test tubes

A group of researchers publishes an article based on their taxpayer-supported research. The article is full of analysis, graphs, charts and statistical comparisons. But none of the underlying “raw” data is in the report or anywhere in the public domain.

An interested and informed researcher thinks something is odd in the observations or the analysis, or sees a way to possibly extract more results from the data. He emails the researchers and asks to see the data. The request is refused.

What next? Well, in Australia, it’s the end of the story. The national policy guideline only “recommends” data generated with public funds and used in a publication be given to anyone making a reasonable request. In Britain, Canada and the US, it is the “expectation” — and, in some cases, the obligation — that researchers meet the request.

Open access to already-used data has two benefits. First, it allows any reader to check the calculations made by researchers in a published article. Although scientific articles are reviewed by other knowledgeable scientists prior to publication, these peer reviewers almost never ask for the original data to see if the data support the reported calculations and relationships. They just take the calculations on faith.

This state of affairs might suit some researchers, as it works to hide errors. Other researchers in the field might sense something is wrong and just avoid giving too much credence to the result. But this leaves other researchers and the general public none the wiser. The publication on the CV continues to look as robust as any other.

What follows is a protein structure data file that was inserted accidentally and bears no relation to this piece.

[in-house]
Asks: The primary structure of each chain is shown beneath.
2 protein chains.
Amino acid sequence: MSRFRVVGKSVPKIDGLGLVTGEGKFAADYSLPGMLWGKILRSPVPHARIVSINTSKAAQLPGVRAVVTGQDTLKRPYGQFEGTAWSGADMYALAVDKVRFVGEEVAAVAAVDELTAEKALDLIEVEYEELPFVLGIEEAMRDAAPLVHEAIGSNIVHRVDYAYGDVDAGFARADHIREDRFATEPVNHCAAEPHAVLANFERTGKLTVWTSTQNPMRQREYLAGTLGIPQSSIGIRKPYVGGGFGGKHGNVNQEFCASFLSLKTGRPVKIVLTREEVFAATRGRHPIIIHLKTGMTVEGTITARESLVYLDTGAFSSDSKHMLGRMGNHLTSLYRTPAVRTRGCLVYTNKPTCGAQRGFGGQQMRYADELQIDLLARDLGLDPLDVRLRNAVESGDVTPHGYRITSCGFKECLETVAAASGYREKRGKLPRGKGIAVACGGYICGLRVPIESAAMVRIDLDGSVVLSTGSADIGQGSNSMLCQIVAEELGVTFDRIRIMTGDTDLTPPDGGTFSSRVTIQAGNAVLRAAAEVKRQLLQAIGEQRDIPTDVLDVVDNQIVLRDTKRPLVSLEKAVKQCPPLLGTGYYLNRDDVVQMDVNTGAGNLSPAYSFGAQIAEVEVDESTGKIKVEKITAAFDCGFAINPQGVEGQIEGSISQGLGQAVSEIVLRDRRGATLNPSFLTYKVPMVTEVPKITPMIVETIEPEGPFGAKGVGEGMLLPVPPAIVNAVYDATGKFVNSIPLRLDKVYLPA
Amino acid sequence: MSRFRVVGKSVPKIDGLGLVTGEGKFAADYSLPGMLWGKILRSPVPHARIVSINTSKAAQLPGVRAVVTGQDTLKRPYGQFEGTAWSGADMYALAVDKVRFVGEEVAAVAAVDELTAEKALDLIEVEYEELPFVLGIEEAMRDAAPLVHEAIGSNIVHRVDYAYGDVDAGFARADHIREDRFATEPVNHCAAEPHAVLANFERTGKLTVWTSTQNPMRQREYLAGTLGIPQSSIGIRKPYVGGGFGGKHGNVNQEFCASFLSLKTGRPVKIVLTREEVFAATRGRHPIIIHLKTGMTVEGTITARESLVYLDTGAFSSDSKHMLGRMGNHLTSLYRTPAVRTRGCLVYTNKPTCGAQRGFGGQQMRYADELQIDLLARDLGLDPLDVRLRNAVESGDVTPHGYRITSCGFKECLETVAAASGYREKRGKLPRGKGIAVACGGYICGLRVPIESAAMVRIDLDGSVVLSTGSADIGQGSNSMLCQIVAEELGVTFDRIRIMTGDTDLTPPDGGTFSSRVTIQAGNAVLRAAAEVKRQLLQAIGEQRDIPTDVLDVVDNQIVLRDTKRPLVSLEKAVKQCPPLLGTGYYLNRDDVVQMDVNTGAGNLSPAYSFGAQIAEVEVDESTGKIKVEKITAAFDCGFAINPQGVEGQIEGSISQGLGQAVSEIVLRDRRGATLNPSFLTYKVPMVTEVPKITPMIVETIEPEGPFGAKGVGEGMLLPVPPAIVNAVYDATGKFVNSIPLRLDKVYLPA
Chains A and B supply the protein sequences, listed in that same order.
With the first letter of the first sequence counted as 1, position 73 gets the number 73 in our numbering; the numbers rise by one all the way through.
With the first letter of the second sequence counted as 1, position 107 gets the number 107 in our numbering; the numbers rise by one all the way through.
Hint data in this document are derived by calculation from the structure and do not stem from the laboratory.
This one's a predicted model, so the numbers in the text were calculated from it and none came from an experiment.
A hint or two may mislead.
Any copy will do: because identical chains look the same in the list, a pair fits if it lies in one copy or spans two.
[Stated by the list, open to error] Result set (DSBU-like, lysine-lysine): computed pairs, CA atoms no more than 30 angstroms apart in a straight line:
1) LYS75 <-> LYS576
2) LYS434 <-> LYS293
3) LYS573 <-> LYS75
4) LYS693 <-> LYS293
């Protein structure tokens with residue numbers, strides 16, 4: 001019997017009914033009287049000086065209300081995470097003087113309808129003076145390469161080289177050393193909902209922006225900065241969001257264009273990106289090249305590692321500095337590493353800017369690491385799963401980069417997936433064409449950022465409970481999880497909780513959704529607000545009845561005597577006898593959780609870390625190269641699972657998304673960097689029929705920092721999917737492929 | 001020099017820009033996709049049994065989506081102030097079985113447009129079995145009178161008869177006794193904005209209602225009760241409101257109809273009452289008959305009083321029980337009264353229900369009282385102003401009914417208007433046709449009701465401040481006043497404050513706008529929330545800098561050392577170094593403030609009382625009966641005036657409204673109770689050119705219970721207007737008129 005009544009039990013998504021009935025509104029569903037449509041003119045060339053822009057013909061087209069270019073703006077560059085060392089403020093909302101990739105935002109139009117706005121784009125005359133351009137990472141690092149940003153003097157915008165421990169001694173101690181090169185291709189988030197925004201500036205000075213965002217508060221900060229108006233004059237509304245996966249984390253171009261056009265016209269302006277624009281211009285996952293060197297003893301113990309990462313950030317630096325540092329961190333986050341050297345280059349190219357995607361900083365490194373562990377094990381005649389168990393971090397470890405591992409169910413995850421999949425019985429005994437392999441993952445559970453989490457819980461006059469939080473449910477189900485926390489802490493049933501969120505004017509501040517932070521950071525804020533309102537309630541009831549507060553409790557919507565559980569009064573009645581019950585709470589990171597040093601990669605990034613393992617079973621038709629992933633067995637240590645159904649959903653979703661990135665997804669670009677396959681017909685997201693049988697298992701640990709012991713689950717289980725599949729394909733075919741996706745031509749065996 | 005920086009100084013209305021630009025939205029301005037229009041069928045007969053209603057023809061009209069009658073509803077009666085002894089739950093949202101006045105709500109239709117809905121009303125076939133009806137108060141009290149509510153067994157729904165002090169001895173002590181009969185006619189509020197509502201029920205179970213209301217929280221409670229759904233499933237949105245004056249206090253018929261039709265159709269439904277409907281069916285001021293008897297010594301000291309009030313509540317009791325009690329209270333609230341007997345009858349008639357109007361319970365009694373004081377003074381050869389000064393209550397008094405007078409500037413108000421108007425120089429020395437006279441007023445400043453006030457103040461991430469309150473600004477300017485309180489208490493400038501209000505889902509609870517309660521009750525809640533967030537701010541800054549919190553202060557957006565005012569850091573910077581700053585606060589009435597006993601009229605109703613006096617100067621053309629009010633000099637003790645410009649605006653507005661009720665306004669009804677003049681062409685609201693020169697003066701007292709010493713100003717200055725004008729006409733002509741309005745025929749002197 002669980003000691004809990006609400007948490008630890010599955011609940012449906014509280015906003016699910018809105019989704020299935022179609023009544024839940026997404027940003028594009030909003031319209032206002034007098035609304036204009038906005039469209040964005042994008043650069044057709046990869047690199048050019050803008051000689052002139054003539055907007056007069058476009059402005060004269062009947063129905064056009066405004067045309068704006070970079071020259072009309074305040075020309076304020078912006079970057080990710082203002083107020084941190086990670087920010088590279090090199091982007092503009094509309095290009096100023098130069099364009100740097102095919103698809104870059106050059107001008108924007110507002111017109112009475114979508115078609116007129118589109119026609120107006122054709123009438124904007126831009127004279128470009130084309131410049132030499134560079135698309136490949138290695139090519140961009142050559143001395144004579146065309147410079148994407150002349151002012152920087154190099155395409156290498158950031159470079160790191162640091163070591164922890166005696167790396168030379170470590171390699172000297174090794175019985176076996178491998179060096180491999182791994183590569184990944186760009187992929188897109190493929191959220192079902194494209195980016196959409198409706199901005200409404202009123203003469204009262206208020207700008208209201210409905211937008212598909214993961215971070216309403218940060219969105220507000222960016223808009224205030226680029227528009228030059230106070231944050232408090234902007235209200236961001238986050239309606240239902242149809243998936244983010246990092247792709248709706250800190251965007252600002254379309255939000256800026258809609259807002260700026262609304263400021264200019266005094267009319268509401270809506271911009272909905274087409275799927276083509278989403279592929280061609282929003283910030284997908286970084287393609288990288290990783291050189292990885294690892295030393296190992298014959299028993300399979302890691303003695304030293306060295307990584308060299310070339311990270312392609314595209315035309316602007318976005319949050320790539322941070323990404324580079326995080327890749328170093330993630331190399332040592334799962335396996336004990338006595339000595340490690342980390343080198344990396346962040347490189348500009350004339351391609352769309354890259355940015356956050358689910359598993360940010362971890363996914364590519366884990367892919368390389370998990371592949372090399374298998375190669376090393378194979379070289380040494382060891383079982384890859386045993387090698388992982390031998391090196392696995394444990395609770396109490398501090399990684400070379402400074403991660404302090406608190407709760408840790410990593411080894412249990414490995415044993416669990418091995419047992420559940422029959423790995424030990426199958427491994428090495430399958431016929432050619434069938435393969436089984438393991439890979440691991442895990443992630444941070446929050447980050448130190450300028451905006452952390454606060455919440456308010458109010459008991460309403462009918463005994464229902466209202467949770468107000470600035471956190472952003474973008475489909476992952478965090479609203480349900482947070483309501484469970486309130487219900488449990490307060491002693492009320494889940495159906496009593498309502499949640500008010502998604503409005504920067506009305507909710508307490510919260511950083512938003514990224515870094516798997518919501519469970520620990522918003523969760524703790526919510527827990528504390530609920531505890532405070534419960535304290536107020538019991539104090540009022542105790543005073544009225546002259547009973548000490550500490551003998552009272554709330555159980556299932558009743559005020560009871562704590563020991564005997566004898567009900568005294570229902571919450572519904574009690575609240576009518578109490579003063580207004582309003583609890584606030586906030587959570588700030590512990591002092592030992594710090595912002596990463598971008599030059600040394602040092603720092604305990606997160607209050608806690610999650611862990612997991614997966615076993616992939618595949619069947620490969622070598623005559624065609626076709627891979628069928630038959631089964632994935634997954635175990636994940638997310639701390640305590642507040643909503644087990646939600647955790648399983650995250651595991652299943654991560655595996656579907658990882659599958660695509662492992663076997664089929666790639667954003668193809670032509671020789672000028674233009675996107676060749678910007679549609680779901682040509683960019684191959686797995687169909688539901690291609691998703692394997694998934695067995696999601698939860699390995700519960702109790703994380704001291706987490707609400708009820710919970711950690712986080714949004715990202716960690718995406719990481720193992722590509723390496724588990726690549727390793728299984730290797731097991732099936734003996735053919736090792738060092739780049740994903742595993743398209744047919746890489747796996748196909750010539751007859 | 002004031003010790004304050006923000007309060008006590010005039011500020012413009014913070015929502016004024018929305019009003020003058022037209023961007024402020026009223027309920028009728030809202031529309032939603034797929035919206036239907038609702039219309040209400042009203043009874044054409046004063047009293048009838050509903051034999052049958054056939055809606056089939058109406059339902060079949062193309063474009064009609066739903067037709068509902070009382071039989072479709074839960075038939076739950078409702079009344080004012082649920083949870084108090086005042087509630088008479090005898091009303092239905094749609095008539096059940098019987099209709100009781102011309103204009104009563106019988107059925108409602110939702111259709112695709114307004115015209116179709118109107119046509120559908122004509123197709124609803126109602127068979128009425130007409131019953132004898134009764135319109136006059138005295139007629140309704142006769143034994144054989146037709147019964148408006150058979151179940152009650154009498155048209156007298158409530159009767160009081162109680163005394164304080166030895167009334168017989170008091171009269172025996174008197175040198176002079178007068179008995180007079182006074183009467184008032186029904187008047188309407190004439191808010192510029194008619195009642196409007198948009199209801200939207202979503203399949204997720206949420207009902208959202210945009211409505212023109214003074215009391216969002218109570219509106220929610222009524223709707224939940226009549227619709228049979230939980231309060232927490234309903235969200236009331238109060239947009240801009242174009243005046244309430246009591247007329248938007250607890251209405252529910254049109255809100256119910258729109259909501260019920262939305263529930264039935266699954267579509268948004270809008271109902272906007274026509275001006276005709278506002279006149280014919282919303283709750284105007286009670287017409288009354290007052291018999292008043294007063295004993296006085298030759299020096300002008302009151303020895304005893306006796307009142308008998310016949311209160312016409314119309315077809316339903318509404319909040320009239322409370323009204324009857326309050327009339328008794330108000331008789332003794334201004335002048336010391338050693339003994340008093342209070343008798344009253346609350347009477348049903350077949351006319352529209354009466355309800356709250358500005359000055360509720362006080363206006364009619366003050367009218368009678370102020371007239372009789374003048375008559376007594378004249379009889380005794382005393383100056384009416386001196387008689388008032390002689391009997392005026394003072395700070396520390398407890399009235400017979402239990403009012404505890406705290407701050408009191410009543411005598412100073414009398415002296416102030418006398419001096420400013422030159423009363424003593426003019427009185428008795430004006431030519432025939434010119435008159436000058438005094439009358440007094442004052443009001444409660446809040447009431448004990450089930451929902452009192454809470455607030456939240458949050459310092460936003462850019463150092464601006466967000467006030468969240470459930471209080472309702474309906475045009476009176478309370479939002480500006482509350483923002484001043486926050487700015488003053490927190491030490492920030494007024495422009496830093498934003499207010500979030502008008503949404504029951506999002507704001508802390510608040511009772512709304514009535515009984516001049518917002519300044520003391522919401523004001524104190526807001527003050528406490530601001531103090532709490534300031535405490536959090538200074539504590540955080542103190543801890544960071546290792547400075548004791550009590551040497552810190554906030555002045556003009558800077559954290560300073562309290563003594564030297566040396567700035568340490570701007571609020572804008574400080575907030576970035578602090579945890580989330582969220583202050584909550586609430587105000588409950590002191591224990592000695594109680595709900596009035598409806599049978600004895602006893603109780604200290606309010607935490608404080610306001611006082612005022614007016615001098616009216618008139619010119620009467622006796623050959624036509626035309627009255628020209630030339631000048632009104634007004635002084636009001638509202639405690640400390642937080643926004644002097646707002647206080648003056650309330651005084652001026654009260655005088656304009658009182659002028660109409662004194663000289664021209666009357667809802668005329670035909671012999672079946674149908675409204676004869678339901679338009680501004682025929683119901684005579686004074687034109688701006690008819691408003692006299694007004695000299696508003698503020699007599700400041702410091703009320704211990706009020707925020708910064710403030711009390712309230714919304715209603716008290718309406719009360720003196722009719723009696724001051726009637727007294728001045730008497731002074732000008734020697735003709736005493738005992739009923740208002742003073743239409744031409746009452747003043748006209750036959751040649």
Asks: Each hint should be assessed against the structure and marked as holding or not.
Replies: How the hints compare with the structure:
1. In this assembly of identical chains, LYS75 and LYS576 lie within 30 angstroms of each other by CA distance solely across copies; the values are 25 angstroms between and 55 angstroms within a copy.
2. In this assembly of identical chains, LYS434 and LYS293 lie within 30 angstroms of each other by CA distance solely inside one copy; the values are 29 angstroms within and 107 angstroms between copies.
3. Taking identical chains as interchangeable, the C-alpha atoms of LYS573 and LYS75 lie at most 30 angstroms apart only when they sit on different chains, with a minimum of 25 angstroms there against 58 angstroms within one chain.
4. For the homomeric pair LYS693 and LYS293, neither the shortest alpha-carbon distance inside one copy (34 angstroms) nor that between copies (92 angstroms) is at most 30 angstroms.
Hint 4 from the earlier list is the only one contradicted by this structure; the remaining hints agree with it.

Without open access to the data used in a publication there is, in effect, no way to verify the researchers’ claims, and they can use their unchecked and effectively uncheckable claims to advance their careers and seek additional public funding.

The second major benefit of open access to used data is that a reader may see a better way to do the analysis or see another interesting consequence of the data. A further insight may embarrass the original researchers, but the protection of a few egos hardly outweighs the benefits to society of another researcher squeezing additional value out of the data society paid for in the first place.

Occasionally, there may be a legitimate need to withhold the data used in an article. Perhaps a second article is planned or a patent is pending. But, if so, this could be stated in the article and an embargo period — say, no more than a year — specified. In reality, however, second articles are rarely based exclusively on the original data set (why not let it all hang out at first go?) and, when blended with new data, are protected from pre-emption by the rightly privileged new data.

There is now much talk about encouraging innovation in Australia. A policy of open access to already published data would increase the quality and productivity of Australian science and lead to the greater innovative use of that science.

*Allen Greer is a biologist who writes about nature and science. He became interested in the issue discussed here when he was refused a small data set from a published article based on research supported by private donations and two Australian Research Council grants worth a total of nearly $1 million.

Peter Fray

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